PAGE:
Leading Meeting Professionals

Professional Convention Management Association

September 16 2013

Here’s Where Your Attendees Are Going to Pay More

By Daniel Metz

hotel prices increasing

As the global economy continues to show signs of promise, the hotel industry is enjoying the rebound. According to the most recent Hotels.com Hotel Price Index, the average price of a hotel room rose by two percent in the first half of 2013 compared with the same period in 2012.

“Many of the destinations worst hit by the [economic] downturn have seen hotel prices stabilize, with some experiencing healthy rises,” David Roche, President, Hotels.com, says.

This is clearly good news for hoteliers, but for meeting planners, it means that those “exclusive discounted rates” may not look quite as attractive for attendees who are booking their accommodations. Some U.S. cities saw some major increases in their average daily rates. For example, Honolulu’s ADR increased by 13 percent to $230. Across the board, room rates are getting closer and closer to those that your attendees were used to paying in 2006 before the economic meltdown.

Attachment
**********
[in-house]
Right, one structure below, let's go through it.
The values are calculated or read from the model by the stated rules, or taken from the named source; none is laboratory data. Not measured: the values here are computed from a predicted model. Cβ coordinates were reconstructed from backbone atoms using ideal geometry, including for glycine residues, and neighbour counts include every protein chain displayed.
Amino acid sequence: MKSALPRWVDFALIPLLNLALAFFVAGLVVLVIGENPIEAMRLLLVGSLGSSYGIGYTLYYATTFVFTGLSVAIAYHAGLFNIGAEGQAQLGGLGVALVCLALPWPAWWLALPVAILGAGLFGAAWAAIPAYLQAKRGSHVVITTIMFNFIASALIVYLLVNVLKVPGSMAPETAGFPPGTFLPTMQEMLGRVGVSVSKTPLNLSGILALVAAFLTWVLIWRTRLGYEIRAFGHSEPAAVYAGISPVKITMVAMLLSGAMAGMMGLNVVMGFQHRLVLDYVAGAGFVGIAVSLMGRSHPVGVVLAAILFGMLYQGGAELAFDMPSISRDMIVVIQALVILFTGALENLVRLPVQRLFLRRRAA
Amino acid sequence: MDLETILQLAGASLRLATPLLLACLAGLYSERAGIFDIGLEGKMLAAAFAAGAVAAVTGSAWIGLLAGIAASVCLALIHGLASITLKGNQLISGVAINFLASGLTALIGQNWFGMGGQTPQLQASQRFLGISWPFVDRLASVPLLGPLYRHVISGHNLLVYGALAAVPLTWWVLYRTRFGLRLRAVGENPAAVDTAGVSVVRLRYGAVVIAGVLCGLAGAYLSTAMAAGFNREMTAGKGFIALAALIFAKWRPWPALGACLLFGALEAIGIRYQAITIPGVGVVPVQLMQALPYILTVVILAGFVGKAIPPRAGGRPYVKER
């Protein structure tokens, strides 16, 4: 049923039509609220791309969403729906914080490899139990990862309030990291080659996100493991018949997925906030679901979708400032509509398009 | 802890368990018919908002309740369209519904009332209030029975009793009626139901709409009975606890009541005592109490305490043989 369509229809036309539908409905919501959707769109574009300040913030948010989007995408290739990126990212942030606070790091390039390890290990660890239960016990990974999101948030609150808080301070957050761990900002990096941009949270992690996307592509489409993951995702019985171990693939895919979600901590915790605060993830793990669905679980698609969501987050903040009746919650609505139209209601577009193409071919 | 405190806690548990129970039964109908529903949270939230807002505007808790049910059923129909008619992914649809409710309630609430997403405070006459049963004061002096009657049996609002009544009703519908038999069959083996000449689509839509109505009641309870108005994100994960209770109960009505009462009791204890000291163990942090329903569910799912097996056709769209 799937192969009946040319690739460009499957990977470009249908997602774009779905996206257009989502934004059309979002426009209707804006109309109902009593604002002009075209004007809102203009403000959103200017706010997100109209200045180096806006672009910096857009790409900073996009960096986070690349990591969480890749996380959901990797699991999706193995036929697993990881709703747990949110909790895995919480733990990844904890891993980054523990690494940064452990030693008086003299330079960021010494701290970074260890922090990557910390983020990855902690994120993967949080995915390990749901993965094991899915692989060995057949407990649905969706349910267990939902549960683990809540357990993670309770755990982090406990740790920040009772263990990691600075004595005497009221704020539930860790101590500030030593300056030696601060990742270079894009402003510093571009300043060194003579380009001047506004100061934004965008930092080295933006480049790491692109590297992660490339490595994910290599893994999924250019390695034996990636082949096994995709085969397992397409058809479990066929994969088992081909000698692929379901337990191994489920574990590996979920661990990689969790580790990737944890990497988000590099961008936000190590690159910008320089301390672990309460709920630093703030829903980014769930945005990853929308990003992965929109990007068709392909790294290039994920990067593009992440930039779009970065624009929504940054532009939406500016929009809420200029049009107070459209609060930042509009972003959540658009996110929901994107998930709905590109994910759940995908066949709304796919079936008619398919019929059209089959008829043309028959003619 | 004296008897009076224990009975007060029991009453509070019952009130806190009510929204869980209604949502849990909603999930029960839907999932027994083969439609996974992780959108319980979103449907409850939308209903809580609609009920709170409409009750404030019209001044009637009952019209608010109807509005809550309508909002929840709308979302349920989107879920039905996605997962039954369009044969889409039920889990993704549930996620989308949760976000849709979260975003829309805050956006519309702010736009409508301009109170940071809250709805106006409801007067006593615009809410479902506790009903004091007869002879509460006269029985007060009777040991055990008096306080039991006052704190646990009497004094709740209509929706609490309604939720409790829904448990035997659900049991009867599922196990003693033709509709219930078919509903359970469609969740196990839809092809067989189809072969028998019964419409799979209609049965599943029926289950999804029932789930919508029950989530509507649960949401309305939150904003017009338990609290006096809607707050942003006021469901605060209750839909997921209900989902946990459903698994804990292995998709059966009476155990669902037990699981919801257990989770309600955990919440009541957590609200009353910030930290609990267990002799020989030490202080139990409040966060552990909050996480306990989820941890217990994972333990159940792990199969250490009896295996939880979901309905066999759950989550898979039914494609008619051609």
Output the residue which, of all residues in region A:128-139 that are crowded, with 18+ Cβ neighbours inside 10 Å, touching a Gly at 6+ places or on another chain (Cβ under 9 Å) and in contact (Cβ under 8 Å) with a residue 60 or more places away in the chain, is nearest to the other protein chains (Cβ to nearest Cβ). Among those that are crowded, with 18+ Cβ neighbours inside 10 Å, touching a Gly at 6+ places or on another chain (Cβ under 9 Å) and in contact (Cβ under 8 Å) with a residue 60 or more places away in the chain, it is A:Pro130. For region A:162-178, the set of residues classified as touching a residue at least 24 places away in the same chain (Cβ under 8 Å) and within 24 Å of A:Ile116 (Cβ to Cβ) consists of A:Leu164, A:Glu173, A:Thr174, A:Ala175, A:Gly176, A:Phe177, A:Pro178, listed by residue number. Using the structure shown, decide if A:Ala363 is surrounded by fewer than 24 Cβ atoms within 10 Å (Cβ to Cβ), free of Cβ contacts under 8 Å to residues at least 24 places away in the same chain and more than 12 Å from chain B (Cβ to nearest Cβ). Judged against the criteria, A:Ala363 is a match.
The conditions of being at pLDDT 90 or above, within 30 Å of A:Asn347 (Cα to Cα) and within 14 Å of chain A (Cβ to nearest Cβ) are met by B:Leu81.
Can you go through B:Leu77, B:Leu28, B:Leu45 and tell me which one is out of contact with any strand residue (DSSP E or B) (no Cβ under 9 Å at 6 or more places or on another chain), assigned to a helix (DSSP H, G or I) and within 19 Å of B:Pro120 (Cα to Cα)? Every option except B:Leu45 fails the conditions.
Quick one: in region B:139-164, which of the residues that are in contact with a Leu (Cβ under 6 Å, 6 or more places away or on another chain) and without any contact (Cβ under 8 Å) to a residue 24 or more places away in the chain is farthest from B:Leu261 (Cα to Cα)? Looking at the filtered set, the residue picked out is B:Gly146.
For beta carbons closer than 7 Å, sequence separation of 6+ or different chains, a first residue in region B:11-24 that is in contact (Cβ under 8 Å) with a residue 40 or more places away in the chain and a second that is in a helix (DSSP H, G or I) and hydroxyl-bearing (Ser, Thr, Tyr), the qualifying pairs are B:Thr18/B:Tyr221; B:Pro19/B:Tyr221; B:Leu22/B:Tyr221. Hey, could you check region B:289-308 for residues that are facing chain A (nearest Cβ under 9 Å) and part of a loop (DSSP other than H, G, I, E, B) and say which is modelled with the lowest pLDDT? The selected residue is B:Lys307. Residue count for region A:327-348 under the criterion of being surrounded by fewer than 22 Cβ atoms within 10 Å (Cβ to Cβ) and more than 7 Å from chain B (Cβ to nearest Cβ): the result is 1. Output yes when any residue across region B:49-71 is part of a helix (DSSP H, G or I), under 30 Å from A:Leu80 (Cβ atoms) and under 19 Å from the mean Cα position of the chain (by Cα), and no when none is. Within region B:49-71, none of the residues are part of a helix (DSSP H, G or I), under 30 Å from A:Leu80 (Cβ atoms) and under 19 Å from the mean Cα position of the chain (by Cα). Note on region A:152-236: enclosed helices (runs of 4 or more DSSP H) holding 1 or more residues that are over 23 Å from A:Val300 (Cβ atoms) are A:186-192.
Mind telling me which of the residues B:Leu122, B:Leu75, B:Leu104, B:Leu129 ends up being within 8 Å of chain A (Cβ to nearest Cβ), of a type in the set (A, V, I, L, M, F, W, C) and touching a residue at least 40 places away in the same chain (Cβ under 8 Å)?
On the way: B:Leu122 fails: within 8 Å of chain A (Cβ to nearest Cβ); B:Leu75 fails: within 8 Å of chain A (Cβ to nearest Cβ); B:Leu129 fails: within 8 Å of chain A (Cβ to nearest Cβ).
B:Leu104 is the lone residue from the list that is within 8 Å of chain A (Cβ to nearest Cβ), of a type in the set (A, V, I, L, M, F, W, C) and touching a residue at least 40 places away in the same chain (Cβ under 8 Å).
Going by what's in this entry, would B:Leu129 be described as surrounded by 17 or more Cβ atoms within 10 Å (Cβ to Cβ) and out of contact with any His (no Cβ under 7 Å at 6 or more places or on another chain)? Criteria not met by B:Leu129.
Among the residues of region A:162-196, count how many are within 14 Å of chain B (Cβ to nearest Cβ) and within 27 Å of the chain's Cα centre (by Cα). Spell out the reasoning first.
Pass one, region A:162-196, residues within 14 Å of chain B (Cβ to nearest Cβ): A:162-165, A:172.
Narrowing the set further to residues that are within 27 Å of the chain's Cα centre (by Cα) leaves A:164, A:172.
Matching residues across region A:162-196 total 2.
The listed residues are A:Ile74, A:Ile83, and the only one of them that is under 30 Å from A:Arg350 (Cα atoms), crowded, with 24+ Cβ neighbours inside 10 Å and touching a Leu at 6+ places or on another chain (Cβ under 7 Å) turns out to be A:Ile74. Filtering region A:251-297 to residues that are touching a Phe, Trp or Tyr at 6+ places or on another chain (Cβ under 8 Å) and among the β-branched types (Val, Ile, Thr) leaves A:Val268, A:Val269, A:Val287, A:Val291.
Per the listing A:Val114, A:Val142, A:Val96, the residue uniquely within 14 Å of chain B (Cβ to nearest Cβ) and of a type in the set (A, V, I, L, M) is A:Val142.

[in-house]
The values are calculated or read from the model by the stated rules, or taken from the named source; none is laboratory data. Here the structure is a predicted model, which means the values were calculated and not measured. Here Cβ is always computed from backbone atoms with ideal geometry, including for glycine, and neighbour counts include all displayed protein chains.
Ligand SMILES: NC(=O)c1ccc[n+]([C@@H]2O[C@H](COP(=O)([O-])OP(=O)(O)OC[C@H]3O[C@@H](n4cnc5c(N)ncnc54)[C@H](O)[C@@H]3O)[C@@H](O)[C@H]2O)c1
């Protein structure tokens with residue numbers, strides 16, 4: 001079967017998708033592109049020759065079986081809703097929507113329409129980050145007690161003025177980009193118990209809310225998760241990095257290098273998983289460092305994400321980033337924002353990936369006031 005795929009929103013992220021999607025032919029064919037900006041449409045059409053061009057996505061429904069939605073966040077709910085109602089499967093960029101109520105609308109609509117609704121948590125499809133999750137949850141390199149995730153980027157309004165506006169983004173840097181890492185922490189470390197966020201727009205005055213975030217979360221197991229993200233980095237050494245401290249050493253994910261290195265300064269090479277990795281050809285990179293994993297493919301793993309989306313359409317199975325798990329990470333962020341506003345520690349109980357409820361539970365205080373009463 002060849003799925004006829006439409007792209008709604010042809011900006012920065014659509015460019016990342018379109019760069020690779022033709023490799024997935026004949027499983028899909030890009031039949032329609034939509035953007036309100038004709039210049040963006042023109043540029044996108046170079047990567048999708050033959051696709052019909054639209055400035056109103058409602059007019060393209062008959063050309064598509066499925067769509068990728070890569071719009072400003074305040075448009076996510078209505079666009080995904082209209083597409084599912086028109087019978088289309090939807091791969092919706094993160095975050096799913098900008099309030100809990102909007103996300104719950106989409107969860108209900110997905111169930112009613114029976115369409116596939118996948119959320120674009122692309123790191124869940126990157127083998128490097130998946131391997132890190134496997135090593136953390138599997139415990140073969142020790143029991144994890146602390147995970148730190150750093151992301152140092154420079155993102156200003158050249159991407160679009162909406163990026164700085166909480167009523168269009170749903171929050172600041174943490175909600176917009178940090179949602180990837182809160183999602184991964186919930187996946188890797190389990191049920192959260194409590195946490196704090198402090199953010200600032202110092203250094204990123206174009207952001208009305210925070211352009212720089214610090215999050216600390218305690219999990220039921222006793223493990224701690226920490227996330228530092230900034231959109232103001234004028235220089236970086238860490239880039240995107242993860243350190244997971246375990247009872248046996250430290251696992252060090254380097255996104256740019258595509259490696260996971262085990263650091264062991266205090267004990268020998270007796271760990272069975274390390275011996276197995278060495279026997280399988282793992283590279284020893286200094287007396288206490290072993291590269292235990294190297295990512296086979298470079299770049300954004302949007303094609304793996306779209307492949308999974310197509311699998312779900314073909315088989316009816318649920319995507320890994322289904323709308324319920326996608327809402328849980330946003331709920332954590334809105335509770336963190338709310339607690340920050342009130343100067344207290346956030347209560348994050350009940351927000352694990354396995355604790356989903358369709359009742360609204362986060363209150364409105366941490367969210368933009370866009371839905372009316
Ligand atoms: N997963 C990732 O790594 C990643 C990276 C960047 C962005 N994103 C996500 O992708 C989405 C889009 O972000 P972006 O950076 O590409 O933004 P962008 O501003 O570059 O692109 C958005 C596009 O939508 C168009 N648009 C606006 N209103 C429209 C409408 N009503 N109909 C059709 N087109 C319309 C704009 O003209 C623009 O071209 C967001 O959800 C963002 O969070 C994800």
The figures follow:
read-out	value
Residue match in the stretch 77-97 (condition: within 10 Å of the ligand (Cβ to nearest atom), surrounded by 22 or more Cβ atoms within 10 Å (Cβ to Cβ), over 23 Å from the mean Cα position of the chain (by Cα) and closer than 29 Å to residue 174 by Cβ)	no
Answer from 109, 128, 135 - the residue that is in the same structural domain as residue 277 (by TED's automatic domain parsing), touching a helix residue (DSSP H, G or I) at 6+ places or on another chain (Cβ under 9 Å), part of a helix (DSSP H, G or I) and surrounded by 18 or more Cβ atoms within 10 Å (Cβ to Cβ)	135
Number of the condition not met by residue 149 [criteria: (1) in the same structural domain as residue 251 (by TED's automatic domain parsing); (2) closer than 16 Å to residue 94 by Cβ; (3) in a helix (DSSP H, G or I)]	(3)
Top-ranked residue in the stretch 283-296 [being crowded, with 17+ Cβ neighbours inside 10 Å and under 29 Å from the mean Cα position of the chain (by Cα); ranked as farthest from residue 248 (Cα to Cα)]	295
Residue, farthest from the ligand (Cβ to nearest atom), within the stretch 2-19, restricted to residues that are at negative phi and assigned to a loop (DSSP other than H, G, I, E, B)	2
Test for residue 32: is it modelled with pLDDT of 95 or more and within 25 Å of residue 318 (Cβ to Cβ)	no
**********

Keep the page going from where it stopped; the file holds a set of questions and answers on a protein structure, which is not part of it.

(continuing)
SEE ALSO: The Evolving Art of Hotel Negotiation

How the World Impacts Your Room Block

Prices aren’t just increasing based on consumer confidence in the U.S. The emergence of the middle class in the Asia-Pacific region is playing a major role, too.

“Another phenomenon impacting global hotel prices is the huge and rapid rise in number of Chinese international travelers,” Roche says.

“Rapid” might not fully describe the major wave of Chinese travelers. New statistics show that China now represents the biggest spending audience in the world with $102 billion shelled out for global travel.

SEE ALSO: Prediction - What Hotels Will Look Like in 2015

Looking Ahead to Securing Low Room Rates for Your Next Meeting

Earlier this year, PKF Hospitality Research predicted that U.S. hotels can expect to see a 7.7 percent increase in revenue per available room in 2014. It’s a trend that all planners should consider as they look toward future meetings.

“Since most conventions and meetings are held in the larger, luxury and upscale properties, this will present a challenge for planners,” R. Mark Woodworth, President, PKF Hospitality Research, says. “Events will have to be booked further in advance, and planners are starting to concede the need to pay higher room rates.”

Looking for more insights into how travel habits and hotel pricing trends will affect you and your attendees? Click here for a full view of Hotels.com Hotel Price Index.

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